Look at it from a different angle – Choosing the right scattering angle for a DLS measurement
Depending on the sample characteristics the choice of measurement angle can influence the outcome of a dynamic light scattering (DLS) measurement. Therefore, most high-end instruments offer different measurement angles, while more economic configurations are constrained to one angle. A proper decision requires knowledge about the factors which are influenced by the angle selection as well as their advantages and disadvantages.
From the many parameters to choose before conducting a dynamic light scattering (DLS) measurement, one of the most important is the angle of detection. State of the art devices offer the selection of three angles: back angle (e.g. 175°), side angle (90°) and forward angle (e.g. 15°). While forward angle is used for special applications and typically compared to side- or backscattering results, the choice between side and back angle can be more complex. In this application report we discuss the different parameters, which have to be taken into consideration, in order to make a mindful and correct choice.
Historically, the first dynamic light scattering configuration was realized in side angle. Due to the lack of moving parts, it had the advantage, that it didn´t require fine mechanics, and so it made into the official recommendation of the first ISO Norm for Photon correlation spectroscopy (ISO 13321:1996). However, the physical model behind dynamic light scattering can only address a single scattering event. This means, that ideally the incident laser light should be scattered only once before the scattered photon reaches the detector without further influences. As in side angle the laser path inside the cuvette is relatively long, this was ensured by strongly diluting the samples, which was also clearly stated in the same norm.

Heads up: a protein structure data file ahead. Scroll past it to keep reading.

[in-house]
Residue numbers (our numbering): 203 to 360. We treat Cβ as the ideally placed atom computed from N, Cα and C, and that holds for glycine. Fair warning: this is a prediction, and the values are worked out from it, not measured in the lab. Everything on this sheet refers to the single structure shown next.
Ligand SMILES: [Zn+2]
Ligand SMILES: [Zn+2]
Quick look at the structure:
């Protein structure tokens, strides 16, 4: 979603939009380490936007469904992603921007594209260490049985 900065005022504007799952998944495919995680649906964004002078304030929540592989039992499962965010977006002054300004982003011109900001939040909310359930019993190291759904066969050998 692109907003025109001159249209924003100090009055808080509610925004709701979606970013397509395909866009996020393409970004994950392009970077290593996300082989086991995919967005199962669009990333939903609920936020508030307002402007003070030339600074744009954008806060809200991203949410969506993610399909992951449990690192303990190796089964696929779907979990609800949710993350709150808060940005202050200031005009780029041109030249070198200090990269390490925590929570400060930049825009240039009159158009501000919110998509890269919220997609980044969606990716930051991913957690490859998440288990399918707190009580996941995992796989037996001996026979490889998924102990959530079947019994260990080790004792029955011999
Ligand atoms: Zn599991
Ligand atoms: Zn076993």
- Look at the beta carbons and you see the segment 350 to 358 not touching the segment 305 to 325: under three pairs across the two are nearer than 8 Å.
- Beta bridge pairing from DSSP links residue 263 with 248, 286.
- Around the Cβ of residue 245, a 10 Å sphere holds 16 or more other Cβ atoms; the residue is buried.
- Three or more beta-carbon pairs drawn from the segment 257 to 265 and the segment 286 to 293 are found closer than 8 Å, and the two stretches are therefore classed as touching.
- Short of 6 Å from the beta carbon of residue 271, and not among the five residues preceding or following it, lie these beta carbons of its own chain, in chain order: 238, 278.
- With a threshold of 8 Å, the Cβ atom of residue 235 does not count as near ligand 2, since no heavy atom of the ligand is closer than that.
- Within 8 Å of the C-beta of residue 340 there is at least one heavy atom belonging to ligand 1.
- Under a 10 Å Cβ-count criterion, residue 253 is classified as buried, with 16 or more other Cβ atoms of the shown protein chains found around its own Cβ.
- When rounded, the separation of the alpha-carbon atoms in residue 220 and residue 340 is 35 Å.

In some applications however a dilution is not desired as it may change the characteristic of the sample, therefore novel DLS configurations were developed, which are able to determine the particle size in a larger concentration range.
Get the document
To receive this document please enter your email below.